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[The following article belongs to the head of " Original Communications," but is unavoidably placed after the Selections.”]

For the Religious Monitor.


(Continued from page 415.) When a professor of religion is joined in marriage to an irreligious husband or wife, the evil

consequences which


follow to all concerned, are exceedingly numerous. Parents have sometimes with pain and sorrow to witness their children in great distress even as it regards this life-the property acquired by painful industry, and generously bestowed on the new-married pair, squandered and destroyed by an unprincipled prodigal, and nothing but poverty, shame and misery 'left.' And it cannot be accounted a small addition to their distress, that they must themselves be related to this ungodly partner. In many cases frequent intercourse is unavoidable; they must see and hear his ungodly conversation; and the evening of their life is filled with bitterness and sorrow, by the imprudent conduet of that child, who ought to have becn their comfort and solace.' "I am weary of my life,” says Rebekah in the name of thousands, “ because of the daughters of Heth: if Jacob take a wife of the daughters of Heth, such as these which are of the daughters of the land, what good shall my life do me?" Still all this distress and trouble is comparatively light; for the dismal consequences of this connection, which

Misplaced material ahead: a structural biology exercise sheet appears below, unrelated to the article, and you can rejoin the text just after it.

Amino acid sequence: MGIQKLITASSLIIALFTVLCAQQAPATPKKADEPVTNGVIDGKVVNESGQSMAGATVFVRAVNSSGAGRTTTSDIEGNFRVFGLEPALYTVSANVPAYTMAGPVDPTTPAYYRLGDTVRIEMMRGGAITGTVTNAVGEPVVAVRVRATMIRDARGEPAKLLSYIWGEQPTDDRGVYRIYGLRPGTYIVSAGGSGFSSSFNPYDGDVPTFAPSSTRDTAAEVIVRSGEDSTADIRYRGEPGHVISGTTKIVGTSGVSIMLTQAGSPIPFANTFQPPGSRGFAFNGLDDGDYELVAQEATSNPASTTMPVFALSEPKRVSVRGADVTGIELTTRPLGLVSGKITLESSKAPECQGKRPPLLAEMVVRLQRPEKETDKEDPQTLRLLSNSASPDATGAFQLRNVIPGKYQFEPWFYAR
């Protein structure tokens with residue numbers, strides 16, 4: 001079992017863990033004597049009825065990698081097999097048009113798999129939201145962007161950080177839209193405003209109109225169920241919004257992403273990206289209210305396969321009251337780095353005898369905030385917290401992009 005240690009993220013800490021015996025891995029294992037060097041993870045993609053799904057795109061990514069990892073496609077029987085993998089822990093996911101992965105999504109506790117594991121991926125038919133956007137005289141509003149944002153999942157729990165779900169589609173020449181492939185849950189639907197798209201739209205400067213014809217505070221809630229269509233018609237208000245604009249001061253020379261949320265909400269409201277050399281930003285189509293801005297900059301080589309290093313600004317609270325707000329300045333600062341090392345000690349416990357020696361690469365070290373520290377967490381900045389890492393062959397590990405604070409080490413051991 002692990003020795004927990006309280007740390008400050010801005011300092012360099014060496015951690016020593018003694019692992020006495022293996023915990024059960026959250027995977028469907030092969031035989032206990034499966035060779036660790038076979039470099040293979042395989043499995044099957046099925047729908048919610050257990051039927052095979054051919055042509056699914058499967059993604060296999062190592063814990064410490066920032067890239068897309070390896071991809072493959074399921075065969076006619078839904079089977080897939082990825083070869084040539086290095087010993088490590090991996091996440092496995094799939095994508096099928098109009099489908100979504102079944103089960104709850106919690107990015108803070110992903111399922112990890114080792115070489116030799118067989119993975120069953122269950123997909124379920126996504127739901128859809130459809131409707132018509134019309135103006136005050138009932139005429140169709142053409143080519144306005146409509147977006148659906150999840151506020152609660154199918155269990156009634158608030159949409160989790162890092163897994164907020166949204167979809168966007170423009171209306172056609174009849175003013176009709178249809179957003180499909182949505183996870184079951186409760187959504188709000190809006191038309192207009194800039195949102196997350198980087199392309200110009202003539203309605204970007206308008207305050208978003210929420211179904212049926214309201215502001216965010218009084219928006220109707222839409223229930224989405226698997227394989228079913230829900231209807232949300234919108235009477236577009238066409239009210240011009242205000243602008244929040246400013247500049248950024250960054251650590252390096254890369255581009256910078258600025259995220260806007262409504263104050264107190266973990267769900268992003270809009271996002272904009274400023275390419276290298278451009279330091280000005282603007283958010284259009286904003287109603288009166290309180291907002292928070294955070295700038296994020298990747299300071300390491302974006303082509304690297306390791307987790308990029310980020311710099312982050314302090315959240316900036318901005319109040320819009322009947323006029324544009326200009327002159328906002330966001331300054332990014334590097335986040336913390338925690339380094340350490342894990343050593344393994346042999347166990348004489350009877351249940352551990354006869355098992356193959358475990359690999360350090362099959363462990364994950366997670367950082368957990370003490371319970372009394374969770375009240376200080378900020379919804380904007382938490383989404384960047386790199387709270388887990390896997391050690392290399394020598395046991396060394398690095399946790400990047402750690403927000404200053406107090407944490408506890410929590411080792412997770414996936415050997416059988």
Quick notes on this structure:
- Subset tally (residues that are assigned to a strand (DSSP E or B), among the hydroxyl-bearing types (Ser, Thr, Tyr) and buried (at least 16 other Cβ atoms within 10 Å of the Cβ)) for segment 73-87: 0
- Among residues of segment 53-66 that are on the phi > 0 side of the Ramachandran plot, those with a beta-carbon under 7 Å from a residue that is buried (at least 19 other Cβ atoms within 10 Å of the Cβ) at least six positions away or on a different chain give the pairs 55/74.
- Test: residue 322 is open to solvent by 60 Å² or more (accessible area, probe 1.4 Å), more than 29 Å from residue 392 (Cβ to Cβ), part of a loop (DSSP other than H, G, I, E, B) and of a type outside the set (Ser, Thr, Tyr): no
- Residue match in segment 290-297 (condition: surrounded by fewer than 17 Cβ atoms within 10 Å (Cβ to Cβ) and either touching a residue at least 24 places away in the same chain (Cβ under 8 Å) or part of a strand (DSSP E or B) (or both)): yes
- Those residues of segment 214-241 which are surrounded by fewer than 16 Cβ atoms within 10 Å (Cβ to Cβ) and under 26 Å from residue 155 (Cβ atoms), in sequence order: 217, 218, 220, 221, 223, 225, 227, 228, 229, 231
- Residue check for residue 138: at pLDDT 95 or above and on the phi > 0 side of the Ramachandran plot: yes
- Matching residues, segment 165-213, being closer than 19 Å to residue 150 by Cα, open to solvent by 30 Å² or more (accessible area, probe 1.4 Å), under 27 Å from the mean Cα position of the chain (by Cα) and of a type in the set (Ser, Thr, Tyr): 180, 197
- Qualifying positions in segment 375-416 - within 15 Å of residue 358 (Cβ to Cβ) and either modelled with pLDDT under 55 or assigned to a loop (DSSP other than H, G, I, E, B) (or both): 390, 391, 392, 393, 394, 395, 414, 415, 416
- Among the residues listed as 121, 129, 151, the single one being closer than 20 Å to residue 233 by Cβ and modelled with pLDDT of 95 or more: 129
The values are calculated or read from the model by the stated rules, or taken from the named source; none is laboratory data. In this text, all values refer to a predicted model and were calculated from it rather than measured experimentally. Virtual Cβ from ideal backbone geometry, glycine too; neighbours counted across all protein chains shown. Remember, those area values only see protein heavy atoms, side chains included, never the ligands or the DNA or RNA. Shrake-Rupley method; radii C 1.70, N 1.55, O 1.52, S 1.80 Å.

stare them in the face, are nothing less, if mercy prevent not, than the apostacy and eternal ruin of their child, the object of their tenderest affection. They have no reason to anticipate any thing else. The common course of such connections makes it too evident. God's estimate of the case leaves them no room to hope. “For they will turn away thy son from following me to serve other Gods.” They watched over him, they instructed him with painful care, they offered up many an ardent petition at the throne of grace in his behalf; but all is in vain! and with unutterable grief they must bid him a last adieu. This is nothing to you in your hours of giddiness and fantastic dreams, O ye ungrateful children! but the righteous God will not fail to measure it back to you at a moment when you cannot escape the bitter reflection, that it is what ye yourselves once measured.

To the individuals themselves the consequences are generally of the most serious kind. If, as has often happened, and as the Spirit of God declares will be most probable, he (to speak of the one sex what is equally true of the other) shall be drawn off from a profession of religion, he forsakes the way of life; he en